Not only that, though, but it’s a tough life being a snake. They need to make the most of their time, either finding another mate or finding something to eat. Having to create eggs and yolks that can feed her offspring takes a lot of energy for the mother. So, once she’s given birth to all those eggs, she needs to find lots of food before she turns in for winter.
There’s also safety in numbers. From an evolutionary standpoint, if she can hide her eggs well enough, then two or three might get eaten. That’s in a clutch of 10, 15, 20 or more. That’s no great loss if the rest of the snakes can live to adulthood.
In terms of energy use, she would be better served by producing a few more eggs than spending two or three months sat in one place waiting for them to hatch.
So How Do Pythons Incubate Their Eggs?
In the wild, pythons don’t have incubators or spray bottles. So, how does a python looking after her eggs manage to maintain the temperature and humidity that they need?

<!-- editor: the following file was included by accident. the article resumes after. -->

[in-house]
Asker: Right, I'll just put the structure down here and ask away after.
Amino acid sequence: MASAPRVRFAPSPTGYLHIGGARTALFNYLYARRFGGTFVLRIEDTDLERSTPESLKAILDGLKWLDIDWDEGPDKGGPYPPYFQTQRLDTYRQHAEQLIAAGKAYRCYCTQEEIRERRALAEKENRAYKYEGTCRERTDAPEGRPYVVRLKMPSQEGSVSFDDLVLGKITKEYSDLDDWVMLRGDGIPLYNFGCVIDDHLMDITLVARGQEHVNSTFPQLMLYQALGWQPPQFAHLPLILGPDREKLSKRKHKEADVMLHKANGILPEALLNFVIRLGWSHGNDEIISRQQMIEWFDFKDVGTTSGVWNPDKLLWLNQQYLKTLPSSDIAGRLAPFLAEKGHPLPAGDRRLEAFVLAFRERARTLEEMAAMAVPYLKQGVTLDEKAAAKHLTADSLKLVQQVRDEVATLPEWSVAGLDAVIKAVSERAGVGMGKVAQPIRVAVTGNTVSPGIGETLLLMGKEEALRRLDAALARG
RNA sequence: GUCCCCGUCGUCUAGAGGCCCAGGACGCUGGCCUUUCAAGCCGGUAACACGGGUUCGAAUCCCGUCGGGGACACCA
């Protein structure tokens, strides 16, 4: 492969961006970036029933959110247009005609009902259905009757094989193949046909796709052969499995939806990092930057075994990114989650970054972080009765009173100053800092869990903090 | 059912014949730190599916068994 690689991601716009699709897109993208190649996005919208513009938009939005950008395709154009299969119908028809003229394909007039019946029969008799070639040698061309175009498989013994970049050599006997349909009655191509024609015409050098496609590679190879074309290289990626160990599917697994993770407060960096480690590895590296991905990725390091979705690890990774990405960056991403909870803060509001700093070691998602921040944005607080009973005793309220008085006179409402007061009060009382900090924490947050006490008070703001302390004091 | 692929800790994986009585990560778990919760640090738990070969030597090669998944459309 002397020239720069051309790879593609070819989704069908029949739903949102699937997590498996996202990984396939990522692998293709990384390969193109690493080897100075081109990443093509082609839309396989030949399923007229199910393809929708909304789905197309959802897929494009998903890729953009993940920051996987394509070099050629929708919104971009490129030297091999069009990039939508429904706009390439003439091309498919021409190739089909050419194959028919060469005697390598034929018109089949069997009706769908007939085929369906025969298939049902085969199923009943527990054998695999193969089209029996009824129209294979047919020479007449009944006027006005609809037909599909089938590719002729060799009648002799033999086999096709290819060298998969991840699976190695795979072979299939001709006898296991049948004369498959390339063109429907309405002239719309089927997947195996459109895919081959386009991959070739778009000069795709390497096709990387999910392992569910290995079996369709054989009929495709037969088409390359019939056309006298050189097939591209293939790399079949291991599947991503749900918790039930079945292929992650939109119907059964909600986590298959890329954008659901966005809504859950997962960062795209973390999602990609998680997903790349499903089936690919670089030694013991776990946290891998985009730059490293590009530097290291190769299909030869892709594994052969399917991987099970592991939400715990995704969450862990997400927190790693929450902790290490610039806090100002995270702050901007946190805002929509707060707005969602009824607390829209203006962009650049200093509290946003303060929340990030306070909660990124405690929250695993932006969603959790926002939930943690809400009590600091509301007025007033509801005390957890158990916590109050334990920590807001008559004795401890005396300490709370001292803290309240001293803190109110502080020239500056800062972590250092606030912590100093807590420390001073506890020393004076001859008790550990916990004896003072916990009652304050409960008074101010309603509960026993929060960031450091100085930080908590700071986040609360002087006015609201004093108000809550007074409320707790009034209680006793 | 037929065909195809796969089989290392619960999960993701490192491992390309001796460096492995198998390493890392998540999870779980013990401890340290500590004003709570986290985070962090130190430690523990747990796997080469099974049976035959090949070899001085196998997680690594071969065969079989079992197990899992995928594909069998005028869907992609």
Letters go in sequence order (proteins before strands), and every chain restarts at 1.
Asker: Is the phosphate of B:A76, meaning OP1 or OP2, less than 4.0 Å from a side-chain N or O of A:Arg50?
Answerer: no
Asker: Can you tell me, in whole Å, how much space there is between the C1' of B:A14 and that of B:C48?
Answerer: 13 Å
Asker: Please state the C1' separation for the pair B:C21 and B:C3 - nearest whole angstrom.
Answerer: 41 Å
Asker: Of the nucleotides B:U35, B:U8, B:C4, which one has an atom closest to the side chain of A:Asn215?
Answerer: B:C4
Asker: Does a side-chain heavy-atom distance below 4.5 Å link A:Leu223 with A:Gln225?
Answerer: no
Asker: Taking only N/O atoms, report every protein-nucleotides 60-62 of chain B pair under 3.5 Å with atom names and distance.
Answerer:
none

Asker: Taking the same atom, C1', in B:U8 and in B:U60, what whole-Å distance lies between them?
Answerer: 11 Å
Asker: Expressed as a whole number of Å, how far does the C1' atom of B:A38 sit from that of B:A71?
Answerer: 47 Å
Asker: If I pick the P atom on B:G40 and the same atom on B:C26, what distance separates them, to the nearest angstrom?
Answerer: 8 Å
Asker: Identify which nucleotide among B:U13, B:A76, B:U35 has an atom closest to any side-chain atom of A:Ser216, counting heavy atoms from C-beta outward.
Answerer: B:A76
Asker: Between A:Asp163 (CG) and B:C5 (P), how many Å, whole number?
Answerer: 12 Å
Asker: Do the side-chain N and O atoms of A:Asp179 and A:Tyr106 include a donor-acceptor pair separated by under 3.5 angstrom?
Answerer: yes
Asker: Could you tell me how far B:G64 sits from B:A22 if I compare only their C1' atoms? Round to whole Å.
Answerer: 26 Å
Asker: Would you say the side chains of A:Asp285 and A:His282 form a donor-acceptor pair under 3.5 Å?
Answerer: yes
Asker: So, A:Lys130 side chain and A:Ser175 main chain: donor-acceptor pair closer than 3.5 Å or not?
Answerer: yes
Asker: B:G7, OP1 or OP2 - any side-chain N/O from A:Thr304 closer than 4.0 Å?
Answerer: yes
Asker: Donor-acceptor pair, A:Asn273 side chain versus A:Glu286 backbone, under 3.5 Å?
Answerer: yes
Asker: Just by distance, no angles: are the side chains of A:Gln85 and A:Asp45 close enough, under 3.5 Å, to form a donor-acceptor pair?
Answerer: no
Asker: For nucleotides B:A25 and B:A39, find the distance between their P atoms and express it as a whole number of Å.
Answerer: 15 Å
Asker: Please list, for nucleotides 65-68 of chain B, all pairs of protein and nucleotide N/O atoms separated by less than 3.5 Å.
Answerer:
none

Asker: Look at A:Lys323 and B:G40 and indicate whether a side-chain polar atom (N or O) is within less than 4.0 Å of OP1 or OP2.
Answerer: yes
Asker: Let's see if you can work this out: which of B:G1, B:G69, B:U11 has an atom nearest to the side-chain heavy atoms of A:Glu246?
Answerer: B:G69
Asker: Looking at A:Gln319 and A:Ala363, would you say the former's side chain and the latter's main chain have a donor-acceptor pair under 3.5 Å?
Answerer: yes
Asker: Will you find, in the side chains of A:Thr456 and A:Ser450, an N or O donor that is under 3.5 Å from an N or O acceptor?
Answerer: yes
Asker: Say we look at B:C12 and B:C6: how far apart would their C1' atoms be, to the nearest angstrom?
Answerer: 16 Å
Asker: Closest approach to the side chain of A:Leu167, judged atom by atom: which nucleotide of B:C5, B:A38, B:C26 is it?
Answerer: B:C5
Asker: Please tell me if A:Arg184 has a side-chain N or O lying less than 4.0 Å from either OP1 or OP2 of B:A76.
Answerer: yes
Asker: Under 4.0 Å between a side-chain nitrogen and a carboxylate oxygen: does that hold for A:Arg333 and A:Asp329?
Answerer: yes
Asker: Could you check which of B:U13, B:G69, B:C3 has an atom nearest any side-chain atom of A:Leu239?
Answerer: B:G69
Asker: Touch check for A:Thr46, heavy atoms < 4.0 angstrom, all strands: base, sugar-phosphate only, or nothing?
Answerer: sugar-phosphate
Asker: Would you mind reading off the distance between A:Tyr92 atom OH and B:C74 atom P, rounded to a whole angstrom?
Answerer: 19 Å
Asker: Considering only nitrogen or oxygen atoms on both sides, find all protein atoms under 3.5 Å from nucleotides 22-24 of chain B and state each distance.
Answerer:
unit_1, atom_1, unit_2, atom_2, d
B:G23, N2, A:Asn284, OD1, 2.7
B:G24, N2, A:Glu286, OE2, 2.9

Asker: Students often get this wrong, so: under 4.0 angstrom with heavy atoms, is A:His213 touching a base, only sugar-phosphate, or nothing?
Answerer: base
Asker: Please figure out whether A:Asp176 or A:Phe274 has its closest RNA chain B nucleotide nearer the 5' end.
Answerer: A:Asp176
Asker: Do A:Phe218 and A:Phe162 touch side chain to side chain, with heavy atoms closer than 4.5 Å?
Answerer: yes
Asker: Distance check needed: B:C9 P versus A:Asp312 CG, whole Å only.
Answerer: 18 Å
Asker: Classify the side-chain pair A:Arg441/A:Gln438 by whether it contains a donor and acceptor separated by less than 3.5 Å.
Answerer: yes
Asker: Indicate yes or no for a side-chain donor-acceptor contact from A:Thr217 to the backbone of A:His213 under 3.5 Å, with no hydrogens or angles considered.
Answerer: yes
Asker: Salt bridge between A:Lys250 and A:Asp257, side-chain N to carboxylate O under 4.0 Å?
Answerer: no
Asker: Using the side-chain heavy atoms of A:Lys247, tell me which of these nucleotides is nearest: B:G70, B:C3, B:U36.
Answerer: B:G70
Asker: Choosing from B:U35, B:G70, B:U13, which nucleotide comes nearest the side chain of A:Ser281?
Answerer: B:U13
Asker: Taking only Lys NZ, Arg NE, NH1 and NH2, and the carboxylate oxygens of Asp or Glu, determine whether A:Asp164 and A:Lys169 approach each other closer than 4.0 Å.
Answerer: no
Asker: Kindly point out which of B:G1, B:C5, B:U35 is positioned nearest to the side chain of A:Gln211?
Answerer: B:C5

They give off a small amount of warmth that they pick up from basking (basically, sunbathing). But this isn’t enough to keep eggs warm in the winter, which is why they give birth in the late spring or early summer. So, in terms of temperature, all they can do is keep their eggs at a constant temperature rather than warming them up.
For moisture, the mother will urinate in the soil around the eggs. In doing so, she guarantees that there’s constant humidity surrounding the eggs. And while she’s sat on top of them, she holds that moisture in—not perfectly, since she can’t make an airtight seal, but her presence will help.
Remember, though, that just because she incubates the eggs that don’t mean they all survive. Survival rates are much better for eggs raised in an incubator than those raised by python mothers in the wild. We’ve identified what the eggs need, and through technology, we can create a perfect environment for them.
Why do Snake Eggs Stick Together?
When they’re laid, snake eggs stick together. There are a few reasons why. First, for reasons that aren’t quite clear, it’s best for the unborn snakes if one side of the shell remains facing upwards throughout their development.
According to a paper in Scientific Reports, post-hatching mortality is dramatically increased in snakes whose eggs were turned compared to those whose eggs were left alone.